Cell phones help to make modern life possible, but they can also make our private details public. In addition to the slew of security breaches and malicious hacks that seem to plague smart phone users, there’s another way phones can expose your personal information, too: police searches. Everyone knows that police need a warrant to search through your home — but what about your text messages, photos, phone calls, and internet searches? Does your digital information enjoy the same Constitutional protections as your physical possessions? It’s an issue that’s stirring up controversy right here in New Jersey, with one drug distribution case in Monmouth County shining new light on a legal precedent which has stood for decades.
You’ve been charged with a serious crime like drug possession, and now you’re looking at enormous fines, years in prison, and worst of all, a criminal record that will follow you around for a lifetime. But what if there a was a way to avoid all that? Wouldn’t you be interested? If you’re facing criminal charges in New Jersey, there’s good news: if you’re able to meet certain conditions, you might be eligible to participate in something called the Pretrial Intervention Program. How do you benefit from the program, and what are the requirements for participating? Could you be a candidate? Read on to find out.
There’s no doubt that car accidents are stressful and scary experiences for everyone involved. Nonetheless, it’s extremely important that you never leave the scene before you have a chance to speak with police — or else you may find yourself charged with a crime. It’s a lesson one New Jersey man learned the hard way this weekend, after fleeing the scene of an accident to escape his angry girlfriend.
The holidays are meant to embody the spirit of family, brotherhood, and peace. Sadly, the recent holiday break brought just the opposite to Newark, with police reporting nearly a dozen shootings over the post-Thanksgiving weekend. In response to the numerous deaths, injuries, and weapons crimes, Mayor Ras Baraka has declared a “state of emergency,” and is expanding police patrols throughout the city, including longer shifts and the creation of a new precinct.
The commercial trucking accident that caused comedian Tracy Morgan to suffer a severe traumatic brain injury has received an extensive amount of coverage in the press and mass media. In recent weeks, Mr. Morgan’s lawyers have informed the public that neither they nor doctors know if Mr. Morgan will ever be able to make a full recovery or resume his career. While this new is certainly tragic, it is perhaps not entirely unexpected considering that the severity of the June 2014 accident had already taken the life of comedian James “Jimmy Mack” McNair.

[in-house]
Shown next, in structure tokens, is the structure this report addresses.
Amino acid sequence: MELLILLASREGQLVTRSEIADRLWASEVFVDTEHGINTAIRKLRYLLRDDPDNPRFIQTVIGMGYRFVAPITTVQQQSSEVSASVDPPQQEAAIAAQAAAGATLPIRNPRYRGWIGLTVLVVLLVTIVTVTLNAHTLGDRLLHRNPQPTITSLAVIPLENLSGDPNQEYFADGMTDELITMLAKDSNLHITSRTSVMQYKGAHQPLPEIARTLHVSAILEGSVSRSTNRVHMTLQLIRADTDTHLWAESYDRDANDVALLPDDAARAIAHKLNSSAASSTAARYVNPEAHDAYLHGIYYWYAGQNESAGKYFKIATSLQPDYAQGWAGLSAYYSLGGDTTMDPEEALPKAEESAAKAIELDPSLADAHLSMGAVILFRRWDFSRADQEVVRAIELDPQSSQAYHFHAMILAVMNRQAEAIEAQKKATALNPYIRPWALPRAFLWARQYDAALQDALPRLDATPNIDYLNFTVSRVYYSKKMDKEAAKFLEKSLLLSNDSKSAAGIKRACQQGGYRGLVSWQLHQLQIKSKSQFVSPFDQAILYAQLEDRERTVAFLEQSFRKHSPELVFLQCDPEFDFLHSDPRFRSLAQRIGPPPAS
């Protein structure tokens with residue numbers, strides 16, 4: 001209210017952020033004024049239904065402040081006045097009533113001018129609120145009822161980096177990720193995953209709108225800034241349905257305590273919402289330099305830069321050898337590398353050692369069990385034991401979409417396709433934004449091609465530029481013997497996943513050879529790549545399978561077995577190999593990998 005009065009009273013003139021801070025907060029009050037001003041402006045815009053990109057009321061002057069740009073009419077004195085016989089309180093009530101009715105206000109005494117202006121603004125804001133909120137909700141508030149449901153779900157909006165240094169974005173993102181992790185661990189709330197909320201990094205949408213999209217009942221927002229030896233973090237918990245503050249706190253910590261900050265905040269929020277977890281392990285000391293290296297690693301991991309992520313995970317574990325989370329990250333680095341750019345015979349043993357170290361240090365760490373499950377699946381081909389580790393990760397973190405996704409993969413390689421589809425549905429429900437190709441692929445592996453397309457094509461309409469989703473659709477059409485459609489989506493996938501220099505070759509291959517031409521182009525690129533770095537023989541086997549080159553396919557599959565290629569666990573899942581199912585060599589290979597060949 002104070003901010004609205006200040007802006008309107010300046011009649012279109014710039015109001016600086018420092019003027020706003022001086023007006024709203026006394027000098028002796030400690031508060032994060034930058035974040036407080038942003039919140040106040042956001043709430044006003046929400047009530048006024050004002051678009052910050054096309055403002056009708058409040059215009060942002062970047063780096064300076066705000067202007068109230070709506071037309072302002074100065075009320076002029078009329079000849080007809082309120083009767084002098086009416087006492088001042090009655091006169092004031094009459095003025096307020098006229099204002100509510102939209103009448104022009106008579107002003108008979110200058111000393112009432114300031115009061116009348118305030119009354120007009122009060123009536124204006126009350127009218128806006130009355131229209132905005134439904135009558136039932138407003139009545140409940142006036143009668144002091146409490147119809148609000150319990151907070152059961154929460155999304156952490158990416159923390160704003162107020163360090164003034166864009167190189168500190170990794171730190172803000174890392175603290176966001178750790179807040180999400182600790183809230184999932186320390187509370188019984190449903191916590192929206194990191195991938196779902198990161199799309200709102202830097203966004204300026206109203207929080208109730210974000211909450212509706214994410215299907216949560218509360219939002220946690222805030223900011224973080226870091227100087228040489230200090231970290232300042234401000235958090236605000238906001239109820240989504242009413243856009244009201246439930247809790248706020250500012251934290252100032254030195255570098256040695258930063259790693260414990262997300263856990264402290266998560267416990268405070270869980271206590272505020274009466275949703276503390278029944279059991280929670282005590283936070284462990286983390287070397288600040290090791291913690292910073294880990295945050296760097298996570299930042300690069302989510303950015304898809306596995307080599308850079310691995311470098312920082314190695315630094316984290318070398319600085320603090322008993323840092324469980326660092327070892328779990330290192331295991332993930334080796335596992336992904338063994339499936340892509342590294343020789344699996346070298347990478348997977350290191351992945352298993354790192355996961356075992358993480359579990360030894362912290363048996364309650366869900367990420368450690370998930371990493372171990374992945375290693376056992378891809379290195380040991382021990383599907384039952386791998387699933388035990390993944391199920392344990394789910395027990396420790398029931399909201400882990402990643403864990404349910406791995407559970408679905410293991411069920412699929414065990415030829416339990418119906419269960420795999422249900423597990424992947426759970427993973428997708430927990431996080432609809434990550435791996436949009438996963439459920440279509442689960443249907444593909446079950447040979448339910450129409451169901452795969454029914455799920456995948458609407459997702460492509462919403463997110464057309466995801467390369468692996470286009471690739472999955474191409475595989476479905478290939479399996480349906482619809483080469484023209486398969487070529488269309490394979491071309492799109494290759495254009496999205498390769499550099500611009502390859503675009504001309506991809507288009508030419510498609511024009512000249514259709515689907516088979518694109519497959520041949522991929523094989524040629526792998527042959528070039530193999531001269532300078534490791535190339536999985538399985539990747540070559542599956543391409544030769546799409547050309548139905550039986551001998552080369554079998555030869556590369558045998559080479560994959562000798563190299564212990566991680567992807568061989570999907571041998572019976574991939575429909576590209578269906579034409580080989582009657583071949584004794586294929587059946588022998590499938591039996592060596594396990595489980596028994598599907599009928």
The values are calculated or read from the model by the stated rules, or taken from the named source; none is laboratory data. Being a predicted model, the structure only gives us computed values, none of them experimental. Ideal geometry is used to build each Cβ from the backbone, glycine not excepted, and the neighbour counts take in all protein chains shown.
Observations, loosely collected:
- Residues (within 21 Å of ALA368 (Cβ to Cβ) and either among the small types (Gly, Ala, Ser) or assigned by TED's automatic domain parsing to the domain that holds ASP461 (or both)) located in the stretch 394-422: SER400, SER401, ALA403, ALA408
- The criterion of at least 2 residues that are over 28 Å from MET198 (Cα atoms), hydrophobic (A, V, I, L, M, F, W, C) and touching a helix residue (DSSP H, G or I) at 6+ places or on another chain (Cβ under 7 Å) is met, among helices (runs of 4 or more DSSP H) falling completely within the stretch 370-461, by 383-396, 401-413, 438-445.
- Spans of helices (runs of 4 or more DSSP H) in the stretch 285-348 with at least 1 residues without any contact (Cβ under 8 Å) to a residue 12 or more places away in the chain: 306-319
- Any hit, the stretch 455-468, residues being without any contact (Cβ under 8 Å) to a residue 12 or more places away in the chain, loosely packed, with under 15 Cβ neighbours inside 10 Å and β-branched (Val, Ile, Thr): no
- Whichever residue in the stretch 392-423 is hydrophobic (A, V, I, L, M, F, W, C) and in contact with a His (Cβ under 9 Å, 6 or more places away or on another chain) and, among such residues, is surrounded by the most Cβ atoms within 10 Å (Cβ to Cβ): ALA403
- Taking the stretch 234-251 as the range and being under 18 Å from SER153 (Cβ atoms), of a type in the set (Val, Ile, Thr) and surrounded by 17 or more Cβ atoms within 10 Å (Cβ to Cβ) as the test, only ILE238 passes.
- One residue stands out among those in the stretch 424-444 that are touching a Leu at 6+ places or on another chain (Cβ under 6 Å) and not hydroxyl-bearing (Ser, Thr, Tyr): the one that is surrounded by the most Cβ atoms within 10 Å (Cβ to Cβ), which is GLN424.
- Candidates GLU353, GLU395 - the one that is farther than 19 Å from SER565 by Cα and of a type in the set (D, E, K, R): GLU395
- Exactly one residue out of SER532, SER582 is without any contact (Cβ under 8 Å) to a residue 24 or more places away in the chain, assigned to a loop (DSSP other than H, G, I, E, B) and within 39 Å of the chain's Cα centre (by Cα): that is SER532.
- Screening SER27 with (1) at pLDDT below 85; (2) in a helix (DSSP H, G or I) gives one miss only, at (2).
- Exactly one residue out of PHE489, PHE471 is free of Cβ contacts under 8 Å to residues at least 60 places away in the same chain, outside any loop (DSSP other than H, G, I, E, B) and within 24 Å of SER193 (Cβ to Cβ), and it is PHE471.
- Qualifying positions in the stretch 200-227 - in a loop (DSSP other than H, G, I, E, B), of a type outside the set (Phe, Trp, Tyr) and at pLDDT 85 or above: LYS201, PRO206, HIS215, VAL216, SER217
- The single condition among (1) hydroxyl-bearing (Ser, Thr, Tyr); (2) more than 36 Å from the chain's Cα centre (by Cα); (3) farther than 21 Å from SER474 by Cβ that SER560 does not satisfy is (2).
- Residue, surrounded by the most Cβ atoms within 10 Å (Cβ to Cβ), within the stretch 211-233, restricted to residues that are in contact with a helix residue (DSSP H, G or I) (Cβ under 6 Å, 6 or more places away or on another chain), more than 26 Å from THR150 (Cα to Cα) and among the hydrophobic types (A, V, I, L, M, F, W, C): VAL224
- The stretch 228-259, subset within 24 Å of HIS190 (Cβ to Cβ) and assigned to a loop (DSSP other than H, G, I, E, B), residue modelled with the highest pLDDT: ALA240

In light of the recent reports of the passing of Dollree Mapp on November 4, 2014, many in the legal community have taken a moment to reflect back on the seminal US Supreme Court case in that Ms. Mapp was involved. Absent the case of Mapp v. Ohio, the handling of unlawfully seized evidence in state courts would be quite different today. However to understand as to why the Mapp case was a seminal moment in American criminal law, we must first discuss the state of the law in 1961, prior to the Supreme Court Decision in Mapp that extended protections to apply against the states.
As we wrote about, earlier this fall the Christie administration directed New Jersey law enforcement to stop prosecuting casinos and racing tracks for offering sports betting to patrons. At the time, the administration said it wasn’t technically authorizing such betting, but merely repealing the state’s former ban. Some praised Governor Christie’s move as a bold bid to save a declining casino industry, while others scoffed at what they interpreted as blatant disregard for federal law. In either case, it was a surprising move which led many to predict further legal controversy in the days to come — and now, those predictions have proven correct. U.S. District Court Judge Michael Shipp has issued a temporary restraining order at the request of the N.C.A.A. and the major professional sports leagues, which are gearing up to seek a permanent ban once and for all.
This isn’t the first time we’ve written about New Jersey’s ongoing red light camera fiasco. Between the felony bribery charges leveled at Redflex upper management in Chicago, a fired whistleblower’s allegations that Redflex bribed officials in no fewer than 13 states (including, you guessed it, New Jersey), and the dismissal of a whopping 17,000 traffic tickets from American Traffic Solutions, the cameras are somewhat less than popular. Their poor reputation doesn’t look like it will improve anytime soon, since even more evidence against the cameras has recently come to light.
Massachusetts and Missouri have placed temporary bans on highway guardrails manufactured by Trinity Industries. State Highway officials say the guardrails, which have been linked to deaths and amputation injuries, have a defective design which allows them to puncture cars and their occupants like “spears.” Now at the center of multiple product suspensions and personal injury lawsuits, Trinity maintains that its guardrails are perfectly safe and meet all federal guidelines.
If you have a New Jersey court date scheduled for November 17, 2014 or later, get your wallet ready. On the heels of Senate Bill 946, a slew of new and increased fees are coming to the state judiciary this winter. The state court system has proposed raising 65 existing fees and creating an additional 17 new ones in hopes of raising an estimated $42 to $49.9 million in revenue. The increases are broad in scope, and affect everything from filing for divorce to getting a gun permit. Will you be affected?